We can all use and benefit from good information. The Living Atlas of the World is the foremost collection of geographic information from around the globe. Learn more about why hundreds of organizations across Canada are choosing to contribute their data to the Living Atlas of the World.
The success of content is tied directly to its accessibility. The Living Atlas of the World content–an evolving collection of authoritative, ready-to-use global geographic information–is curated with data that is reliable, well documented and easily accessible to users. The Atlas includes imagery, basemaps, demographics and lifestyle, landscape, agriculture, boundaries and places, transportation, earth observations, urban systems, oceans, and historical maps and more. Organizations can easily combine this information with their own data to create maps, scenes and apps, and perform analysis. By contributing to the Living Atlas, you are helping build a GIS for the planet.
The image above showcases some of the Canadian content in the Living Atlas of the World.
Advantages of the Living Atlas
The Living Atlas of the World brings great value to the contributors. For instance, it helps enhance the quality of their data and supports collaboration across and outside of the organization. The information contributed is easily discoverable and placed among the best available content for Canada. Indirectly, contributors also get access to a broad global audience.
Now, you may wonder, how do users benefit from the Living Atlas? Here are some of the top benefits for users:
- Access to curated content from authoritative sources
- Ready-to-use content can be integrated into maps, apps and analysis
- Centralized location that can be accessed in several ways including the Living Atlas website or through ArcGIS Online, Enterprise, ArcGIS Pro, Insights and Maps for Office/SharePoint.
Once you become a part of the ArcGIS community of the Living Atlas, there are more advantages to discover.
Canadian contributors and content
Users, partners and Esri are contributing their best maps, apps and data to the Living Atlas of the World. For example, Natural Resources Canada is publishing flood extent polygons based on satellite data for historic and current year floods across Canada. Agriculture & Agri-Food Canada is the largest federal contributor with 30 items in the Living Atlas including the latest crop inventory. Statistics Canada produces the Census of Agriculture every four years where hundreds of variables on farm type, crops and livestock are available. The National Energy Board’s Interactive Pipeline map shows the location of pipelines regulated by NEB along with reportable incidents. The Centre of Geographic Sciences (COGS) has published a feature layer with the location of the International Space Station (ISS) updated every minute.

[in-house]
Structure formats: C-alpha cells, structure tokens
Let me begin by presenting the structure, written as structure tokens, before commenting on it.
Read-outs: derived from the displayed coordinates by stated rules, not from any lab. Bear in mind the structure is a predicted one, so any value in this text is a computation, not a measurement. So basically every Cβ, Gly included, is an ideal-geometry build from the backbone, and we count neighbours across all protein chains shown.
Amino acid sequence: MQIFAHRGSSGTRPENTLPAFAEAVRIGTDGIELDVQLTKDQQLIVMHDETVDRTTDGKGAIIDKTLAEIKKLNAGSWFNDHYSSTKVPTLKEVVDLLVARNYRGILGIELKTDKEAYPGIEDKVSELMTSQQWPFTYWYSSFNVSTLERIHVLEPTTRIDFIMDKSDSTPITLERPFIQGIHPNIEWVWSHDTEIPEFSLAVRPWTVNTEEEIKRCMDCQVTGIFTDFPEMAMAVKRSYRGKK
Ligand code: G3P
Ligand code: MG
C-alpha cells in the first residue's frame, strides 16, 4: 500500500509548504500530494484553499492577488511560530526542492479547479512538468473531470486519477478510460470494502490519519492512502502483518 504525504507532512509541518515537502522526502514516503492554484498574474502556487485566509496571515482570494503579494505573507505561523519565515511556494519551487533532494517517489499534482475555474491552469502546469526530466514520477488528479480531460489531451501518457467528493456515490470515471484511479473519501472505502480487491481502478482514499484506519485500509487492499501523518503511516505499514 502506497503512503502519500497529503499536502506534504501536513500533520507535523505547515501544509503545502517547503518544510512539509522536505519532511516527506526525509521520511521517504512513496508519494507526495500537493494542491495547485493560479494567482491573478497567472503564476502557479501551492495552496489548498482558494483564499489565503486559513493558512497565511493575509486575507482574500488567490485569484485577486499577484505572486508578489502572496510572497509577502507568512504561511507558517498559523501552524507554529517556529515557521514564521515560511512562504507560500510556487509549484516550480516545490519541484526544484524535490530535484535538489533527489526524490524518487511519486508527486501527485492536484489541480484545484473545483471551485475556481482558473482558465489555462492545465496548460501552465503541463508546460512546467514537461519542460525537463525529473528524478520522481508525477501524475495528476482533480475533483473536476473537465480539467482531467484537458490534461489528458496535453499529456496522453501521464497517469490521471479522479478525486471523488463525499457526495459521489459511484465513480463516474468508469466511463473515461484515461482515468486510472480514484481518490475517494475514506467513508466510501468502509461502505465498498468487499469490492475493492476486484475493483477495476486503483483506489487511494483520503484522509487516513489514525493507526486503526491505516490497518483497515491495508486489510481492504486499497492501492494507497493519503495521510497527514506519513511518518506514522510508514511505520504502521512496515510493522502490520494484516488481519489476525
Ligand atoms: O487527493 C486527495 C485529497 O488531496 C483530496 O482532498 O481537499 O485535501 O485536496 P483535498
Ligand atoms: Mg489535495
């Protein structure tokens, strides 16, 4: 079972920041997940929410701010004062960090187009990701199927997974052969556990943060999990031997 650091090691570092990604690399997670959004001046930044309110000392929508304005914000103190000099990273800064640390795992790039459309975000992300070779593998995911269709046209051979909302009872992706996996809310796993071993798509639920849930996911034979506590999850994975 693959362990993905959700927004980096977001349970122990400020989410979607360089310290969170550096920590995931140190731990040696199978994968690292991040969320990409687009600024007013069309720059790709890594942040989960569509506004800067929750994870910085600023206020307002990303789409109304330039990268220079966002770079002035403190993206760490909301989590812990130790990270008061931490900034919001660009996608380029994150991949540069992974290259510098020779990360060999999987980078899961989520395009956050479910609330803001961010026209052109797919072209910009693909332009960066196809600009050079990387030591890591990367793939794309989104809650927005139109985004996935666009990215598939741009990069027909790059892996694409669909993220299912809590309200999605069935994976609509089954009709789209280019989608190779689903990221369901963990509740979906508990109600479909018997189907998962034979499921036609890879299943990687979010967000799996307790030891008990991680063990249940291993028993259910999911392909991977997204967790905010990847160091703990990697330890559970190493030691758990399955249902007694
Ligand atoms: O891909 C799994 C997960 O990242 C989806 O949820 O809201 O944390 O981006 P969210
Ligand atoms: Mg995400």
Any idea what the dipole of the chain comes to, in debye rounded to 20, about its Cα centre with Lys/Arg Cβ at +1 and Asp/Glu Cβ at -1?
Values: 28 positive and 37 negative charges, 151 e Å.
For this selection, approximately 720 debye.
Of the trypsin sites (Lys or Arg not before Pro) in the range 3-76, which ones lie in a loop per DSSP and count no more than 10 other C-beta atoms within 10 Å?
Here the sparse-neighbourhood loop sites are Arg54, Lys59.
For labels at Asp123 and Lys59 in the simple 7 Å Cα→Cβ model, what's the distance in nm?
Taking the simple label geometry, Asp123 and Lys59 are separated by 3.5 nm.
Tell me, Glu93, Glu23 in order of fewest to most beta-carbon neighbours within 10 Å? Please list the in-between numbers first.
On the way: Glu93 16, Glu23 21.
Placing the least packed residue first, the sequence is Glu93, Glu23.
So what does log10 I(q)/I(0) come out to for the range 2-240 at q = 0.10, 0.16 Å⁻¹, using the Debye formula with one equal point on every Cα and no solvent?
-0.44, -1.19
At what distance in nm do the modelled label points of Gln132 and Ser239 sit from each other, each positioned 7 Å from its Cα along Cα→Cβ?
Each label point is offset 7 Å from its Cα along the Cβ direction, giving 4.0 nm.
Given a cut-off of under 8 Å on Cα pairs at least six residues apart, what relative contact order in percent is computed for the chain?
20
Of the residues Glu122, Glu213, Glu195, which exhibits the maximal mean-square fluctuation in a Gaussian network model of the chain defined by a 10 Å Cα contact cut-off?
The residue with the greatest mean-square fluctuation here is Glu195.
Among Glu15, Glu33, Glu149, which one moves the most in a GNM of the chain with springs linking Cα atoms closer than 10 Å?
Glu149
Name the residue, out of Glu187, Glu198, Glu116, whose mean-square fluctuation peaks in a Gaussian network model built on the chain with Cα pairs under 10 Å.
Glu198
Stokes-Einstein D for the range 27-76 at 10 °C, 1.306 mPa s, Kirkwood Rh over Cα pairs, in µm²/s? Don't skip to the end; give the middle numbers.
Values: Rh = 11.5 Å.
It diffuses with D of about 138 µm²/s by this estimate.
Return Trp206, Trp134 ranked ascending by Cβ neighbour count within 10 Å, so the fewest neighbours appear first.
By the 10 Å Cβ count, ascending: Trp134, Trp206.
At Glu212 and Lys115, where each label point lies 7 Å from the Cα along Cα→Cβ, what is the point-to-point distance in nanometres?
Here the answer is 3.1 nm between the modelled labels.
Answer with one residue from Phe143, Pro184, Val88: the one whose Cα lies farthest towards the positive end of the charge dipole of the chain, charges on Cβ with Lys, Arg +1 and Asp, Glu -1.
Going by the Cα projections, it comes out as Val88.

Provinces and Territories are also placing their content in the form of web maps, apps and data in the Living Atlas, making authoritative information easily available to users. Some really good examples include the Alberta Earthquakes that depicts seismic events within Alberta from September 2006 to present; EmergencyMapBC displays information such as evacuation alerts, wildfires, flood watches and warnings; The Northwest Territories Protected/Conservation Areas data service displays existing and proposed conservation areas; State of Ontario’s Watersheds is Conservation Ontario’s story map on watershed plans that support effective management of watershed resources in Ontario. In addition, Quebec’s Controlled Zones (ZEC) for hunting, fishing and outdoor activities highlight facilities, attractions and recreational activities for residents to explore; New Brunswick’s Map Viewer includes the most frequently used layers hosted by GeoNB, such as roads, hydrography, property ownership, flood and wetland data. Recently updated hydrographic network, sand dune and wetland inventories are available for PEI.
How to contribute to the Living Atlas
You can nominate your items by signing into your ArcGIS Online account on the Living Atlas website under “My Contributions”. Once logged in, all your content will be available to nominate along with suggested improvements to help you prepare the metadata for nomination. Once nominated, the curators will review your submissions for suitability. If the content is published in the Living Atlas, remember that the content is still yours and remains on your ArcGIS Online account, but you will not be charged for any increase in usage. If you delete your nominated item from your account, it will be deleted from the Living Atlas as well.
The Community Map of Canada
The Community Map of Canada vector basemap is a national basemap that is published every day or every other day, and it's created from data coming from Community Map Program participants and open data sites from across the country, including contributions from federal, provincial and municipal governments as well as non-governmental organizations. Your community can also contribute basemap data through the Community Maps program.
For additional information and tips, be sure to check out “What’s New” and relevant blog posts on the Living Atlas website.